In Port Stephens, business development zoned land at Salamander Bay and Taylor’s Beach eachsaw bigdecreases.

The commercial property valuations follow surging residential land values in 2016, with newly trendy suburbs like Carrington, Maryville, Islington and Wickhamdriving much of the growthacross Newcastle

Mr Crawford has handled the sale of the Herald apartments, and said demand had been “unprecedented”, with sales from $600,000 to more than $2.5 million.

“We’ve been in the market for fivemonths and we’ve only got a handful left to sell, Newcastle is absolutely on the map,” he said.

News of Hunter Street’s resurgence will come as welcome news to Sam Arnaout, from Iris Capital, who spent about $40 million buying 1.66 hectares of the Hunter Street Mall late last year, with plans to buildabout500 residential apartmentsand 7600 square metres of boutique retail and commercial space at ground level.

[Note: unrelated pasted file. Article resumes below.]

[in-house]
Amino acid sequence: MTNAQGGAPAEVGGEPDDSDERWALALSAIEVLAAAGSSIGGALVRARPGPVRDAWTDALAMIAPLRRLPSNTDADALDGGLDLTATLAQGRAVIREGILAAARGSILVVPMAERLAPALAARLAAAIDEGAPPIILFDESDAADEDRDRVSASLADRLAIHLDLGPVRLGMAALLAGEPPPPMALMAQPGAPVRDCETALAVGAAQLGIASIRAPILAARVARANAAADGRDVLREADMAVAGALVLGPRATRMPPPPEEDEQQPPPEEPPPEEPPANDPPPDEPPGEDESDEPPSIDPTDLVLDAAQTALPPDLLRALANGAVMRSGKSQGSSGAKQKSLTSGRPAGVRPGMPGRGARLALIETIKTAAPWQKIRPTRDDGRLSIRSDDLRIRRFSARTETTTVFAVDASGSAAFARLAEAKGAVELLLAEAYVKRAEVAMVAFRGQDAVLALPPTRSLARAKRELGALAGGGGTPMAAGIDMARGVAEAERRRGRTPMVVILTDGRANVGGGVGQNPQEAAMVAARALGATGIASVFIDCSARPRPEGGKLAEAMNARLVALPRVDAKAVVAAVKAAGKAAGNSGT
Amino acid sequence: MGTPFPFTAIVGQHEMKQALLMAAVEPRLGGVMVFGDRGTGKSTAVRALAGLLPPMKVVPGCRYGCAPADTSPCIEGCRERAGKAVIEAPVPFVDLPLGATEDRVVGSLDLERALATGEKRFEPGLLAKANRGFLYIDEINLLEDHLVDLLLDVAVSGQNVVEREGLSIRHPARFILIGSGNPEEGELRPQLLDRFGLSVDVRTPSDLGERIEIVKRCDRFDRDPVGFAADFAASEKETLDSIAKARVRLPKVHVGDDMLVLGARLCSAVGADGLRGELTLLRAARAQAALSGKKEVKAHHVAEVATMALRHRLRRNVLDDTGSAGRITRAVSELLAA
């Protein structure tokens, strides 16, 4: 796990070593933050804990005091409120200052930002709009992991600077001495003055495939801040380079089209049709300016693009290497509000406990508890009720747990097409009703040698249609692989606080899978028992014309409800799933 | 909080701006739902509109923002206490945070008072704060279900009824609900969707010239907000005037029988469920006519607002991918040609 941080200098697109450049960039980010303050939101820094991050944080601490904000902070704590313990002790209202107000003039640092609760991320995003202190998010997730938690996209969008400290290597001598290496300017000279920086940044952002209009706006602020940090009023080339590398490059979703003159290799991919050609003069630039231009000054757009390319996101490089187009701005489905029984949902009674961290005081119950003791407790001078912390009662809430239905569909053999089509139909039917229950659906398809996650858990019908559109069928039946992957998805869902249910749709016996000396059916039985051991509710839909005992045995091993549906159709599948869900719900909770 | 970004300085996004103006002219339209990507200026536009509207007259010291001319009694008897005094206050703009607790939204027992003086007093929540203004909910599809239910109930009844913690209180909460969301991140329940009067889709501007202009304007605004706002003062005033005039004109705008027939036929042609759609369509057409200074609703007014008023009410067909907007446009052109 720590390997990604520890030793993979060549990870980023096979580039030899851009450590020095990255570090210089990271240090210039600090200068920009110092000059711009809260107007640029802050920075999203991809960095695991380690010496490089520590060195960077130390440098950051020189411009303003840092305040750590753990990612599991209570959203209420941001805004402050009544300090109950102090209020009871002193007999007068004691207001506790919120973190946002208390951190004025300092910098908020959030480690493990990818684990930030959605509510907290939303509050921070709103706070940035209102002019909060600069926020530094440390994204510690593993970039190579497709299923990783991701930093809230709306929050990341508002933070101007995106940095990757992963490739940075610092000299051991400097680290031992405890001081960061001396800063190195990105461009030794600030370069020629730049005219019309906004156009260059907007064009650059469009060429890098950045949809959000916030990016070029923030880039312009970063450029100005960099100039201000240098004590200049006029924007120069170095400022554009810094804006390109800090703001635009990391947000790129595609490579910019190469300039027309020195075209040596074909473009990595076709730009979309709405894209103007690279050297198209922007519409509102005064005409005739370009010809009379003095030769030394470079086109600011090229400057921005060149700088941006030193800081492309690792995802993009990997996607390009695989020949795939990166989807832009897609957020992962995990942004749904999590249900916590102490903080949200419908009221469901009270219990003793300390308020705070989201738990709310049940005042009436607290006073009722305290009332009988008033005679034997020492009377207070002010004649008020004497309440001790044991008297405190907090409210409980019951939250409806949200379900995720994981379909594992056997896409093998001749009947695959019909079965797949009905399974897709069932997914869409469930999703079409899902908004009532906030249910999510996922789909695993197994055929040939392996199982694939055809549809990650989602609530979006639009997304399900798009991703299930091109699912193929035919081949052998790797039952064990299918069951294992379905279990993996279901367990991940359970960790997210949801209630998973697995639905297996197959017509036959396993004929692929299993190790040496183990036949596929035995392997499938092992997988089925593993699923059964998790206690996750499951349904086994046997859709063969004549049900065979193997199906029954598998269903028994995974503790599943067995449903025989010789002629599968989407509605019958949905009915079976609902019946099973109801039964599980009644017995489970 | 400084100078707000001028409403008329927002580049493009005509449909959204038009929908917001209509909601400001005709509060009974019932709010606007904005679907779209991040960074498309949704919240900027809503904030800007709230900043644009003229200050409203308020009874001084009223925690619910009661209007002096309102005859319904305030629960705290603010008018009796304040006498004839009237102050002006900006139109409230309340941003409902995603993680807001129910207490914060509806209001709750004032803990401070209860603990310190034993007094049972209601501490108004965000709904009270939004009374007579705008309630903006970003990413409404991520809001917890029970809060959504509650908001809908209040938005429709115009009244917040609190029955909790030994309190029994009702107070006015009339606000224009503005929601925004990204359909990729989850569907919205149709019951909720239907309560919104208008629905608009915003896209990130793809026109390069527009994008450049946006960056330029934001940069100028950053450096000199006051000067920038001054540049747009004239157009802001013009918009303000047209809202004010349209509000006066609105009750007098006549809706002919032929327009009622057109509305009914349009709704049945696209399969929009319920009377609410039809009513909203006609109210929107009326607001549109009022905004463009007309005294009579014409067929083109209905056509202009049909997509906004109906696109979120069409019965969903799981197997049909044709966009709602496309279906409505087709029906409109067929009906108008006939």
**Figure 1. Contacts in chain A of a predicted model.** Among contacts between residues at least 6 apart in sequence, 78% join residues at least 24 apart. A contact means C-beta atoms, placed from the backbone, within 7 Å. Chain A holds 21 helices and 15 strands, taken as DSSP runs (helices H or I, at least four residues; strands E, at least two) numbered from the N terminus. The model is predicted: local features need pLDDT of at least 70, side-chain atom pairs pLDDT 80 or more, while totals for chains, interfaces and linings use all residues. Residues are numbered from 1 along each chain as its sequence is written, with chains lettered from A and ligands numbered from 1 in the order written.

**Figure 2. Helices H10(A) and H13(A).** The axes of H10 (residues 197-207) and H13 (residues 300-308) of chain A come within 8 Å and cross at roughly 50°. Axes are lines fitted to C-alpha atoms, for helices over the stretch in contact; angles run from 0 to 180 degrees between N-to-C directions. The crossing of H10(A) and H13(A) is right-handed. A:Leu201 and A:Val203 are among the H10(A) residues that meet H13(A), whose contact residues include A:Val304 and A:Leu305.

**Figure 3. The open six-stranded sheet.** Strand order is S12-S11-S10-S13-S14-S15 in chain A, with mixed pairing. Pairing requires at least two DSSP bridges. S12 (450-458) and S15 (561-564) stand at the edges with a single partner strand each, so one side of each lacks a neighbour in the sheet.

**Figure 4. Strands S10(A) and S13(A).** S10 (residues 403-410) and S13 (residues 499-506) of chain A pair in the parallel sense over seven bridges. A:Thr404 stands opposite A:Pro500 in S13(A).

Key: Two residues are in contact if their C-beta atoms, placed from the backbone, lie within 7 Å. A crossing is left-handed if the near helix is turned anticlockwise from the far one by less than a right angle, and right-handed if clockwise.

Ladies cycling group to inspire

A new community exercising group will make its debut in Devonport.
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Every Wednesday at 9.15am women will have the chance to be involved in afree cycling fitness group.

Organiser and Feel Great Crew personal trainer Philippa Martin said the idea of the group is to ride at participants own pace on low traffic streets.

“I love cycling and I talk to a lot of ladies who do not want to go out on the roads,” she said.

“I find in other exercise classes people get injured and cycling is an easy on your body exercise to do.

“There areladies only groups in Launceston, so Idecided to make it ladies only, it is designed to empower them and get them out riding.”

The group format is modeled onsuccessful groups in Launceston organised by personal trainer Mark Connelly.

Ms Martinsaid the goal will be for the ladies to participate in a fundraising community bike ride later in the year.

“I am so excited about this new free ladies only cycling group,” she said.

“I can’t wait to watch the ladies develop their skills, confidence and fitness.”

Women of all skill levels and ages are invited to take part.